Baby Booz­ers hit the bot­tle hard

Geelong Advertiser - - NEWS -

SCI­EN­TISTS have un­cov­ered what they be­lieve is a wor­ry­ing new trend of more older Aussies drink­ing al­co­hol at “prob­lem­atic lev­els”.

Not only is there an in­crease in the num­ber of older drinkers in the past year, but more are also drink­ing at con­cern­ing lev­els, re­searchers from the Na­tional Cen­tre for Ed­u­ca­tion and Train­ing on Ad­dic­tion at Flin­ders Univer­sity re­veal.

Data from the Na­tional Drug Strat­egy House­hold sur­vey shows that among peo­ple 50 years and over, the pro­por­tion with an al­co­hol in­take deemed risky has fluc­tu­ated, from 13.4 per cent in 2004 to 13.5 per cent in 2016, while the high-risk group has in­creased from 2.1 per cent to 3.1 per cent.

The in­crease is in stark con­trast to a “sig­nif­i­cant de­crease” in risky drink­ing among peo­ple aged 12-24 dur­ing the same pe- riod, ac­cord­ing to the Med­i­cal Jour­nal of Aus­tralia.

The study also shows there has been an in­crease in the pro­por­tion of older peo­ple ab­stain­ing from al­co­hol but not to the same de­gree as younger groups.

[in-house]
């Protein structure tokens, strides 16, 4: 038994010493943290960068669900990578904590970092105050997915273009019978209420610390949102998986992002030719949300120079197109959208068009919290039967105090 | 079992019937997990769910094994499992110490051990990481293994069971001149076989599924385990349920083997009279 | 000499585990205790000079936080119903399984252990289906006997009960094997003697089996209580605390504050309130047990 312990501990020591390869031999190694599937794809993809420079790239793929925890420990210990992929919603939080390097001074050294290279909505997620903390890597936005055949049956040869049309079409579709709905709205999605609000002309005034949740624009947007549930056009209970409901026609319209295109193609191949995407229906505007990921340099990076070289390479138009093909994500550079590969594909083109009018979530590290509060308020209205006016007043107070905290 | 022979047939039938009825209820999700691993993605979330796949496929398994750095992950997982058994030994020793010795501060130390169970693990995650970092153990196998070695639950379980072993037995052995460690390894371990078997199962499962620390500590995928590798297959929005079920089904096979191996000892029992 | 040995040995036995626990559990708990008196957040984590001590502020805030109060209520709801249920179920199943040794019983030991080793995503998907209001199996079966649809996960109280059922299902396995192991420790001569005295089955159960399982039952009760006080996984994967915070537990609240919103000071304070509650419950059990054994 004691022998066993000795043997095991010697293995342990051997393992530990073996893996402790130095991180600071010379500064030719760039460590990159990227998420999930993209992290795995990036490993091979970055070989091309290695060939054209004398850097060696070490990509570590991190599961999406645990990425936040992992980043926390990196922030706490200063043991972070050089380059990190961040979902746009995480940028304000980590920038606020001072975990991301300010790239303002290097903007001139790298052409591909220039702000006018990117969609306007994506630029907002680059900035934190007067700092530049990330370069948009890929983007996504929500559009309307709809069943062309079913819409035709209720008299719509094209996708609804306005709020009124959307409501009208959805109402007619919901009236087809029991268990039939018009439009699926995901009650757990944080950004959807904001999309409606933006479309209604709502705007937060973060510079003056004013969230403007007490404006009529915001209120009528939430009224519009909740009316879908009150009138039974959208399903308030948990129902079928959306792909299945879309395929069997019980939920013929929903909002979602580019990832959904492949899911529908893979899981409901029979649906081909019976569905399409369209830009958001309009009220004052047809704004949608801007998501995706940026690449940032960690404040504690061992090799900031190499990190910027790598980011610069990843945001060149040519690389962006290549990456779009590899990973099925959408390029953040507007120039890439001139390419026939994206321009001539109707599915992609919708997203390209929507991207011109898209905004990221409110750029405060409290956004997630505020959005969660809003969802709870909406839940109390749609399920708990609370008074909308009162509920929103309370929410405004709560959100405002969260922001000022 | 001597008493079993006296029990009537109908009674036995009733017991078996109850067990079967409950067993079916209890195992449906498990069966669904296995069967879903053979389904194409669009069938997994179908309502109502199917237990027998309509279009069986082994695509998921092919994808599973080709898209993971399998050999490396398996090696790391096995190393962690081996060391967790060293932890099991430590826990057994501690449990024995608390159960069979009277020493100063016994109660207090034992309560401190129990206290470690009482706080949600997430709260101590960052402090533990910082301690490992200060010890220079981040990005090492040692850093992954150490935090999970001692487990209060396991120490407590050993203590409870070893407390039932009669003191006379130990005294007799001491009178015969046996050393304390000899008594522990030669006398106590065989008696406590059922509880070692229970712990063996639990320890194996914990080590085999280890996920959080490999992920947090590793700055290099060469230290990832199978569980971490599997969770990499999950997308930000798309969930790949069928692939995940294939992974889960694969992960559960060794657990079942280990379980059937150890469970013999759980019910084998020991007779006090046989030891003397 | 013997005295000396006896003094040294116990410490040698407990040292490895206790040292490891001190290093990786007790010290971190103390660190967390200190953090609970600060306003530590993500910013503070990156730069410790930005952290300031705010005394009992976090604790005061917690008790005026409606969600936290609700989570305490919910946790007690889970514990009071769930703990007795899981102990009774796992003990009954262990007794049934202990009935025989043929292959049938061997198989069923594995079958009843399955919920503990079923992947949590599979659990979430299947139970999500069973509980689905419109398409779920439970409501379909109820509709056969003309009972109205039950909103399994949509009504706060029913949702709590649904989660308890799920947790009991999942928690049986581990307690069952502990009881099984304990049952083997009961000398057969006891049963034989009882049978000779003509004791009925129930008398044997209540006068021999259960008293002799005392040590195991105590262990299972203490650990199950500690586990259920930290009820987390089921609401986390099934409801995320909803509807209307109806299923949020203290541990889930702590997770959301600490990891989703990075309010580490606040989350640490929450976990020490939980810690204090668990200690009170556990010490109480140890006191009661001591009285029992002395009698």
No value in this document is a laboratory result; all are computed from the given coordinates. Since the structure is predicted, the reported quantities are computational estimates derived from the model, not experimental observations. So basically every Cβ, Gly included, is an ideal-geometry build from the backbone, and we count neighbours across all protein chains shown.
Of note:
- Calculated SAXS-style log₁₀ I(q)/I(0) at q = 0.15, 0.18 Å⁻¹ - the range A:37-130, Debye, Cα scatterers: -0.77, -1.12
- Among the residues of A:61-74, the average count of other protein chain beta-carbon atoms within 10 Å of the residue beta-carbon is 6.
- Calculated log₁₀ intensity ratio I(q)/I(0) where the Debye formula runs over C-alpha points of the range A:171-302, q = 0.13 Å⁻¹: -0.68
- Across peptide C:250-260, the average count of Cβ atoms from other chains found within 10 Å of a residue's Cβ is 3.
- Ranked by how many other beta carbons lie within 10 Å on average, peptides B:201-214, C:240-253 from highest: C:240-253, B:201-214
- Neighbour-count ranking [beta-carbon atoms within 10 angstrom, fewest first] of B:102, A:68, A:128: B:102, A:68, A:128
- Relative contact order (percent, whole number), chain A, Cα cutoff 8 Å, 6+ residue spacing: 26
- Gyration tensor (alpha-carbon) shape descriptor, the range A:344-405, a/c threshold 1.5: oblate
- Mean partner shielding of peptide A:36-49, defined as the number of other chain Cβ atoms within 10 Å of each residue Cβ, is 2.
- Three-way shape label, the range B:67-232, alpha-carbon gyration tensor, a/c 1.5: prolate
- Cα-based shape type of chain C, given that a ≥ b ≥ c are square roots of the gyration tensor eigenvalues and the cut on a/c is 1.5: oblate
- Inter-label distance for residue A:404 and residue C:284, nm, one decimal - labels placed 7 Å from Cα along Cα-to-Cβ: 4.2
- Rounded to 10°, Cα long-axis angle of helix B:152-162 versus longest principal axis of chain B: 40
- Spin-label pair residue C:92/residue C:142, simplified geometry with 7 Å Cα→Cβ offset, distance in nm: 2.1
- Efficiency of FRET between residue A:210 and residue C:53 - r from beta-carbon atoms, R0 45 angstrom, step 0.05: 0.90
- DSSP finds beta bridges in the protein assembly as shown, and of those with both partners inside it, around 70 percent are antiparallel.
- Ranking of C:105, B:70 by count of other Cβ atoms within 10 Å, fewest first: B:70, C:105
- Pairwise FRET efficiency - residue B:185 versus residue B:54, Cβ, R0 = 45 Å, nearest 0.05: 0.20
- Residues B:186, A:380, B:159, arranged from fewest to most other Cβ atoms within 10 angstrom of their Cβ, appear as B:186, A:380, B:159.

The re­searchers said older Aus­tralians who drink too much were at risk of falls and other in­juries.

“Although the in­creases in the pro­por­tions of risky and high-risk drinkers are small, they nev­er­the­less cor­re­spond to an ad­di­tional 400,000 peo­ple drink­ing at po­ten­tially prob­lem­atic lev­els,” the study states.

“Although the in­creases in the pro­por­tions of risky and high-risk drinkers are small, they nev­er­the­less cor­re­spond to an ad­di­tional 400,000 peo­ple drink­ing at po­ten­tially prob­lem­atic lev­els.”

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